Introduction

What is the Baseline Protocol?

The Baseline Protocol is an open-source initiative that combines advances in cryptography, messaging, and consensus-controlled state machines -- often referred to as blockchains or distributed ledger technology (DLT) -- to deliver secure and private business processes, event ordering, data consistency, and workflow integrity at low cost. The Baseline Protocol provides a framework that allows Baseline Protocol Implementations (BPIs) to establish a common frame of reference, enabling confidential and complex (business) collaborations between enterprises without moving any sensitive data out of traditional Systems of Record. The work is governed as an EEA Community Project, managed by OASIS.

Why Baseline Different Systems of Record?

Businesses spend hundreds of millions of dollars on ERP, CRM and other internal systems of record. Failure to properly synchronize these systems between organizations causes considerable disruption and waste: disputes, lost inventory, inflated capital costs, regulatory actions, and other value leakage. To avoid these problems, systems require a common frame of reference. But only the largest high-volume partnerships can afford the capital expense involved in setting up such integrations. The baseline approach requires a common frame of reference that is always on, strongly tamper resistant and able to prevent any individual or group from taking over the system and locking companies out of valid operations. These requirements strongly suggest the use of a public blockchain or Layer-2 network anchored to a public blockchain.

Past approaches to blockchain technology have had difficulty meeting the highest standards of privacy, security and performance required by corporate IT departments. Overcoming these issues is the goal of the Baseline Protocol.

Illustrative High-Level Example

An illustrative example of the use of a Baseline Protocol Implementation (BPI) is a Buyer placing an order to a Seller. Normally a Buyer system creates an Order and transmits it to the Seller system through some preestablished messaging system without providing proof that the Order created is correct or even that both parties processed and stored the message consistently. This forces the Seller and Buyer systems to validate the order, often manually. This then leads to a time-consuming and often expensive back and forth between Seller and Buyer to rectify inconsistencies.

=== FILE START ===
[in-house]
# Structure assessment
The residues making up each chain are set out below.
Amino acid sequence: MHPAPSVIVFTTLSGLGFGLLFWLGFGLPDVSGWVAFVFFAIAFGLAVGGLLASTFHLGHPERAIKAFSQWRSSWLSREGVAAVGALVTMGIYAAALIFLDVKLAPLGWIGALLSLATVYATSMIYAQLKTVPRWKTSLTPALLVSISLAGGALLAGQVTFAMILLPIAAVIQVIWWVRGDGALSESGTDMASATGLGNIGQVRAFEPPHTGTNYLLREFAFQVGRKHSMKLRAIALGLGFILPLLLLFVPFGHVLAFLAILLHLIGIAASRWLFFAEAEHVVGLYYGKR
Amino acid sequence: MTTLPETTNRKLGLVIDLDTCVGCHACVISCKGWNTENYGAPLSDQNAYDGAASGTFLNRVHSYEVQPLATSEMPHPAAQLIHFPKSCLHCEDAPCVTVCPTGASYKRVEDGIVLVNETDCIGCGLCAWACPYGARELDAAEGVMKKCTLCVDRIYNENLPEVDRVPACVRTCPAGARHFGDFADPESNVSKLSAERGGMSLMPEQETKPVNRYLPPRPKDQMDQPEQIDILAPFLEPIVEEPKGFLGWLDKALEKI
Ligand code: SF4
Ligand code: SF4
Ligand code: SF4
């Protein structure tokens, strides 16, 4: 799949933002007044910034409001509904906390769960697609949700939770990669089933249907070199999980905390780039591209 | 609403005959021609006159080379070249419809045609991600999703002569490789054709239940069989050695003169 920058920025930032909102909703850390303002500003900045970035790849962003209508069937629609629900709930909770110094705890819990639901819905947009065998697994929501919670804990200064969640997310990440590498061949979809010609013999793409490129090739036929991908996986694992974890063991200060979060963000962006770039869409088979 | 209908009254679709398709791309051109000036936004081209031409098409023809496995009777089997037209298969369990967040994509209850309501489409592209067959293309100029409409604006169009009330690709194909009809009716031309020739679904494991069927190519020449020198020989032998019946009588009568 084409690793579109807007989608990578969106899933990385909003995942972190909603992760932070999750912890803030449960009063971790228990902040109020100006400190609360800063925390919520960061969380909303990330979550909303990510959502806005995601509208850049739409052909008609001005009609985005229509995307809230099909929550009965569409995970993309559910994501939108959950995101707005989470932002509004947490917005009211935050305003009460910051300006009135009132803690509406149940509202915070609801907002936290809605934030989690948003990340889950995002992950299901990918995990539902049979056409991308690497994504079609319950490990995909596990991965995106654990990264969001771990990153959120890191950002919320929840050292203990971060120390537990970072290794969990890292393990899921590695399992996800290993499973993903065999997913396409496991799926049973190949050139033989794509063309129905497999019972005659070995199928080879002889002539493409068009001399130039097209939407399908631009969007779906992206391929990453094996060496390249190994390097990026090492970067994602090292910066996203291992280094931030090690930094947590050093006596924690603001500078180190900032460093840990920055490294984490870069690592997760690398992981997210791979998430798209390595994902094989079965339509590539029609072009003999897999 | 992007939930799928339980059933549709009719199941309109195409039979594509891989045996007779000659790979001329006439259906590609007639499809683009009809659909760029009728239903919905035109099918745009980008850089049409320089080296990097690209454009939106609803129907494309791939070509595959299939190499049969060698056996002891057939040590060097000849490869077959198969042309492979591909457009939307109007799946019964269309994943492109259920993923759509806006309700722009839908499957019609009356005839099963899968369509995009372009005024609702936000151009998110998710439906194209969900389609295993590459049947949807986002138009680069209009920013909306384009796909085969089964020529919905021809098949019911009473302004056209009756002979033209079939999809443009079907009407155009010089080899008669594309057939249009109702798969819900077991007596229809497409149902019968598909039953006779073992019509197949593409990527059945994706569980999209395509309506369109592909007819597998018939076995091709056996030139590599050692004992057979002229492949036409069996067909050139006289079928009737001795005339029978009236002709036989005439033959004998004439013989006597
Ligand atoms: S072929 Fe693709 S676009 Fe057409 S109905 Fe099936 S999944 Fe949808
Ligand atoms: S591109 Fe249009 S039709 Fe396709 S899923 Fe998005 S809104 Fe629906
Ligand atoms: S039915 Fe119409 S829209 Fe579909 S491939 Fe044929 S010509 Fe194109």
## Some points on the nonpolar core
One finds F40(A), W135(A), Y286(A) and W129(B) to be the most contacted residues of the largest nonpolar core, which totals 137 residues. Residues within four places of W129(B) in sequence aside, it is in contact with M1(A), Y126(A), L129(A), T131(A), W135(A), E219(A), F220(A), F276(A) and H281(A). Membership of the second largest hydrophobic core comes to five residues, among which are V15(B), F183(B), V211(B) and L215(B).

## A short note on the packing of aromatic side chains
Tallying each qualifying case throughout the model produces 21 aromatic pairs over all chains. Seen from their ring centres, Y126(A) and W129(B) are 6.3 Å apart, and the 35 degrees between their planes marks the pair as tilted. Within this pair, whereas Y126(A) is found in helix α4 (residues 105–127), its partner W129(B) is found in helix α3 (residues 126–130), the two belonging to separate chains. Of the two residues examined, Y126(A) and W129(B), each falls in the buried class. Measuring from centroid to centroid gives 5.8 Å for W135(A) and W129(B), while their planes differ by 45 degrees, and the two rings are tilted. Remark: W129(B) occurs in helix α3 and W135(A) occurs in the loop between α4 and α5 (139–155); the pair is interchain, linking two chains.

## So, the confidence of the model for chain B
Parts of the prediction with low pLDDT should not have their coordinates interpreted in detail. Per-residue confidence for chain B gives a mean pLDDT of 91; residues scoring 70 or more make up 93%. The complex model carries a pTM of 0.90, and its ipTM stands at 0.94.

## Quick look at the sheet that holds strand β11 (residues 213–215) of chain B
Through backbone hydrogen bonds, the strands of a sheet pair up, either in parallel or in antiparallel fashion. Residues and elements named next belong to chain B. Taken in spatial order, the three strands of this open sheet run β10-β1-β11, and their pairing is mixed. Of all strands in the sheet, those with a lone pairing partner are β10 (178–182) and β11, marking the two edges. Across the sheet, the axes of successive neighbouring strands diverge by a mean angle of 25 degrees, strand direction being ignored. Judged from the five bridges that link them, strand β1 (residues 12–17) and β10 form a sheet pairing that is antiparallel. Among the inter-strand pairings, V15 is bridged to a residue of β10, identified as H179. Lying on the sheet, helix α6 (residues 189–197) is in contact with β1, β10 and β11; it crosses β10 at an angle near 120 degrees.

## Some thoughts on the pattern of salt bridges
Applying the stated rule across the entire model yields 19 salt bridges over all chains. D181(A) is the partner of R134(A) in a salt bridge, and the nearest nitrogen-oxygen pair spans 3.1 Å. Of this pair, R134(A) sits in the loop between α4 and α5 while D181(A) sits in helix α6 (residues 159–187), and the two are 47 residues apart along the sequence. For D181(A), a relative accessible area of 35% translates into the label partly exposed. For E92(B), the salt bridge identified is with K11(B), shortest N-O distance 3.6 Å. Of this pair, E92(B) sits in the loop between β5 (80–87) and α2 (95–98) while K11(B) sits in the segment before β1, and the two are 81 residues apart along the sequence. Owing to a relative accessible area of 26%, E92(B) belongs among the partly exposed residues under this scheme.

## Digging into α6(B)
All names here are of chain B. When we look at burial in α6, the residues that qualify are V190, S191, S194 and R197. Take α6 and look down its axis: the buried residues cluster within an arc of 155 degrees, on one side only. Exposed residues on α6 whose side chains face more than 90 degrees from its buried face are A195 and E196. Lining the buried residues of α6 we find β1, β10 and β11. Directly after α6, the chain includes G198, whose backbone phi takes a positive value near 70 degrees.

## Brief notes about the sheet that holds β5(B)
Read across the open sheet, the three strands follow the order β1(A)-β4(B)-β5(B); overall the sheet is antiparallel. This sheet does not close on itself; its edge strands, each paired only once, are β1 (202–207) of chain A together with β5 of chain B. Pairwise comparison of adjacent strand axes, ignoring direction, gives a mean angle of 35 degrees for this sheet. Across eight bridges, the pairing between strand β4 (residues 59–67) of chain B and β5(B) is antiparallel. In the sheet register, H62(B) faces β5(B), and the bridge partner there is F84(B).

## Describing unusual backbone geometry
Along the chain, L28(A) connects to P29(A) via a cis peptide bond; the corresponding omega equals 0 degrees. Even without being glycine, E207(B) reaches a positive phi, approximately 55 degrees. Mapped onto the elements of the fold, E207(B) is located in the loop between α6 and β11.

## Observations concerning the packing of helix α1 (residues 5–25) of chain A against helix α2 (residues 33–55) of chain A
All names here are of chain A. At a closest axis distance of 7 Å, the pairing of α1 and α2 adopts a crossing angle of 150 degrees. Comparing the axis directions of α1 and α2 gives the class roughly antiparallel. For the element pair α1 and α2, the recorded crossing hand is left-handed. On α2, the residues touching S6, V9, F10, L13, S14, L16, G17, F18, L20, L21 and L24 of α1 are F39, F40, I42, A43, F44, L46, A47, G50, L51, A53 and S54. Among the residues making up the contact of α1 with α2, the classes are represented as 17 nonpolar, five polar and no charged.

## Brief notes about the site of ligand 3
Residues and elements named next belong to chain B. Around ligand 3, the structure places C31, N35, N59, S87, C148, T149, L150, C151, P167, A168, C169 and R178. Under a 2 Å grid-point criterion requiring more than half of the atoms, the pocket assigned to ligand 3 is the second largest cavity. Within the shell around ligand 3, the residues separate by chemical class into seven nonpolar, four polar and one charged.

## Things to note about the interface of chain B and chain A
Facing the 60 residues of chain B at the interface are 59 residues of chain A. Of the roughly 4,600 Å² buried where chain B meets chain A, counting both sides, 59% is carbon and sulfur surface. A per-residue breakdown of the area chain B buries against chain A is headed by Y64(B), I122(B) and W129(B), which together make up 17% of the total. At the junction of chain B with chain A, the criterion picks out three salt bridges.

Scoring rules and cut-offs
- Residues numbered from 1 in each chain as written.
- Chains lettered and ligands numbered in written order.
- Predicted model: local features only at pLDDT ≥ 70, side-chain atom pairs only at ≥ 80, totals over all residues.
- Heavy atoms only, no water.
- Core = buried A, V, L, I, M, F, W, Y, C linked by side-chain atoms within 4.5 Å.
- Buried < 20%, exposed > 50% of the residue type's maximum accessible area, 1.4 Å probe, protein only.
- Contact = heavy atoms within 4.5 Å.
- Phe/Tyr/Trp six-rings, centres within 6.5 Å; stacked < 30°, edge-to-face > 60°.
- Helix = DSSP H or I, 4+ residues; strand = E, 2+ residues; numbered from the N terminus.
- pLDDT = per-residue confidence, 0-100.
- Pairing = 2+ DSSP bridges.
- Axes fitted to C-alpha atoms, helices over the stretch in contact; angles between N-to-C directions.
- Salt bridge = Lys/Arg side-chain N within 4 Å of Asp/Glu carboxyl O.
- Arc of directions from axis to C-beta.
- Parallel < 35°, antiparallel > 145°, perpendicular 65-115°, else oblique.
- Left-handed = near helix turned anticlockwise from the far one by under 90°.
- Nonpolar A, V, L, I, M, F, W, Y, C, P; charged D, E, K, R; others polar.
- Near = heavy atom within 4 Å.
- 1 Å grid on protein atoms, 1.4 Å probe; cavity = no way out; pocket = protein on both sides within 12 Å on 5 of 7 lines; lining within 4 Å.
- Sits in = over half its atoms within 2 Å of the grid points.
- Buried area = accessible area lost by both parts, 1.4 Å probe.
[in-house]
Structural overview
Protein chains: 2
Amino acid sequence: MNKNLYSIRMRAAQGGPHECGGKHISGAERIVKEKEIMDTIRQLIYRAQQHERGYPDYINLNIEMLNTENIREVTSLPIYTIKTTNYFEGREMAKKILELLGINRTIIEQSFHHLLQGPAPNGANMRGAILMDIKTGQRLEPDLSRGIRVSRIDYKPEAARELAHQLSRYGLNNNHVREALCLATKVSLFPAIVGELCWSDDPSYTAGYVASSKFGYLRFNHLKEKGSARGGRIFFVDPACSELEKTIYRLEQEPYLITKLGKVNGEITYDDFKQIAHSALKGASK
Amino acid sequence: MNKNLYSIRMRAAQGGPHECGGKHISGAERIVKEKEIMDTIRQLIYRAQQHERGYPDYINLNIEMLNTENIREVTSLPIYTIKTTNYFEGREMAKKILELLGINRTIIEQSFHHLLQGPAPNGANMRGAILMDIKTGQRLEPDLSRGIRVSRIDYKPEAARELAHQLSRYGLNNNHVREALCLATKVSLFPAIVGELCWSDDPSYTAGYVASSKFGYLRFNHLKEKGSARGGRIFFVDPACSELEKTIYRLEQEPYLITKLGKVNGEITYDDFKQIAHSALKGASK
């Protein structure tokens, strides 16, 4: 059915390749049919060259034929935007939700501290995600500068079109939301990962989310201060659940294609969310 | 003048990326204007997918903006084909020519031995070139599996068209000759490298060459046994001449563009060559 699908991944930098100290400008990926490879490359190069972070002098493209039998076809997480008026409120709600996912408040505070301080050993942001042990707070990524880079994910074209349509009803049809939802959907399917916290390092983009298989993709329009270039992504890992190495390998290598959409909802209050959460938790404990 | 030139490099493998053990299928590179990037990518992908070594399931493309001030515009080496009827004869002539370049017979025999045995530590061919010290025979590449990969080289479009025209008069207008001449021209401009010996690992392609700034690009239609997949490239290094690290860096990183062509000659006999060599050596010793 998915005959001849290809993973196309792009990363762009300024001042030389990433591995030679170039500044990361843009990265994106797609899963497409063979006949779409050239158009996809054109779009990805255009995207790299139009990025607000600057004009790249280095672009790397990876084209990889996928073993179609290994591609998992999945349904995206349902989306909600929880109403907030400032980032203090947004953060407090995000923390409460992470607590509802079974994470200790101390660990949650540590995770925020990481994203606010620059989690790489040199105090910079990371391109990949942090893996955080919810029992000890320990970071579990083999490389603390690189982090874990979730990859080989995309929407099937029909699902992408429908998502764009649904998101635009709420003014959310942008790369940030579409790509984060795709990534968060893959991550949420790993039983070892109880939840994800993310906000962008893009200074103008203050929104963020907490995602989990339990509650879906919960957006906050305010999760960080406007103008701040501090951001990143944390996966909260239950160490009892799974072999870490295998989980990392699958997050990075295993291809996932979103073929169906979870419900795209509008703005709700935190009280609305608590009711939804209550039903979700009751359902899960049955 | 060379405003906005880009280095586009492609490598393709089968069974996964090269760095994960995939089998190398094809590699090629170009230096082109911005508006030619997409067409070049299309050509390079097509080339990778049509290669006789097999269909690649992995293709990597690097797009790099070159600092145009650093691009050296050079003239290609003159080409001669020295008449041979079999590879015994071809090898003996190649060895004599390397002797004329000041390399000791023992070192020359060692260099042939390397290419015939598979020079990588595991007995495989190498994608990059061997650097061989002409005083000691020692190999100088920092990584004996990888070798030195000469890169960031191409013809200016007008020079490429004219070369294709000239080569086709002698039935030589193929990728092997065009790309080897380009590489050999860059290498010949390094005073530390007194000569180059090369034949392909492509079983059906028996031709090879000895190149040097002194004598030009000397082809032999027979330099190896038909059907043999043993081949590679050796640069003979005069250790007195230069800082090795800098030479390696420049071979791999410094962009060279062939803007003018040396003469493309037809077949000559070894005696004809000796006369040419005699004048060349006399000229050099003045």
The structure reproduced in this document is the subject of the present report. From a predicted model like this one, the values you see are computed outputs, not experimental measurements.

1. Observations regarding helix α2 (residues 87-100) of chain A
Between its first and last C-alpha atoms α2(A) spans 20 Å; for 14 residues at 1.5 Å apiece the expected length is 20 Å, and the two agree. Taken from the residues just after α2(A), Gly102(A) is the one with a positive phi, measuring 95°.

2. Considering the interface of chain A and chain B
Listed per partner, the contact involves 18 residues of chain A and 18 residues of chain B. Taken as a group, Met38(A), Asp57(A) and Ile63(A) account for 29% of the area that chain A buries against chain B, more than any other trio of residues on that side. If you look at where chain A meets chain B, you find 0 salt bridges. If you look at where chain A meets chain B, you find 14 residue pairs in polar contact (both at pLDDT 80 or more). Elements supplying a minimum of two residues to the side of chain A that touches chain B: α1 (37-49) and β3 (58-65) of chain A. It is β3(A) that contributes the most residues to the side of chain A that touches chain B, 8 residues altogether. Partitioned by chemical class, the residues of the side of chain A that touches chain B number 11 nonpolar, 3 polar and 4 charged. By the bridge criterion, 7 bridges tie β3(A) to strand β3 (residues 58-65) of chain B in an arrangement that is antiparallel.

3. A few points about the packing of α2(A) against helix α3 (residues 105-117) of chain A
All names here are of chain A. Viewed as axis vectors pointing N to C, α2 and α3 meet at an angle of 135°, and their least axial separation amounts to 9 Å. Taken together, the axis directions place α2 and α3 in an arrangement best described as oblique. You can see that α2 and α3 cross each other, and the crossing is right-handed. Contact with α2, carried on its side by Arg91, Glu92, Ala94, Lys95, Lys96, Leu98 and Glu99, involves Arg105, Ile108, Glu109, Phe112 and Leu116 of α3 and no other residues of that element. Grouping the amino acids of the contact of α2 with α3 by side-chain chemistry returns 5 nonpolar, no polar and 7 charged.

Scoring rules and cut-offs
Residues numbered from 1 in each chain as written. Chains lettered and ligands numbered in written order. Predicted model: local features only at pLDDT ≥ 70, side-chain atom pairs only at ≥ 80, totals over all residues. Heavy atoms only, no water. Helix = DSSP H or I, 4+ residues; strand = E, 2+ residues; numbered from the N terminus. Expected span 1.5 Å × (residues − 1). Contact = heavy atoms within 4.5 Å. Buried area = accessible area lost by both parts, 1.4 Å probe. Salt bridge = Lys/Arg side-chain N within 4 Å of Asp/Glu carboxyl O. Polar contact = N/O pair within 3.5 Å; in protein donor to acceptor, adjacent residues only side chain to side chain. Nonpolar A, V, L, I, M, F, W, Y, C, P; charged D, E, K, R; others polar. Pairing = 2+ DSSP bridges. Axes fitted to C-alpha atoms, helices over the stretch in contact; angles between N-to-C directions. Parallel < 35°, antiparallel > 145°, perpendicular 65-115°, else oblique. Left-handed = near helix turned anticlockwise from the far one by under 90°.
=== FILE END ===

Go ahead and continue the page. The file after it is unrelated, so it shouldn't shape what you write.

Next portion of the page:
A Master Services Agreement (MSA) between a Requester (Buyer) and a Provider (Seller) is implemented on a BPI and contains billing terms, pricing, discounts, and Seller information such as billing address, etc. Once established and agreed upon by Buyer and Seller, the BPI provides state synchronization between Buyer and Seller, since the ERP systems for Buyer and Seller can now refer to mutually agreed-upon data as a common frame of reference.

Based on this mutually agreed-upon state in the MSA, the Buyer creates an Order based on the MSA, employing a cryptographic proof that confirms not only the correct application of business logic but also the correct application of commercial data in the Order creation. This proof is submitted together with the Order through the BPI and then is validated by the Seller. If the proof is validated, the Seller accepts the proposed state change by generating its cryptographic proof, confirming its acceptance of the state change. The Seller then updates the state of the business workflow in the BPI and sends the new proof to the Buyer.

The figure below visually demonstrates high-level Buyer and Seller Order generation and acceptance assuming that an MSA between Buyer and Seller already exists and is recorded on a BPI and that the commercial state has been synchronized up to this workstep in the commercial business workflow.

Figure 1: Illustrative Example of how the commercial state between Buyer and Seller is synchronized and an Order created.

Without a BPI, both Buyer and Seller must assume that the MSA between them and all its values are correctly represented in the other party’s respective Systems-of-Record. Hence, if an order is created based upon the MSA but does not comply with the MSA, it will likely result in extensive manual interactions between Seller and Buyer at one stage or another to resolve the problem to their mutual satisfaction.

Glossary

If you are unsure about any specific terms feel free to check the Glossary.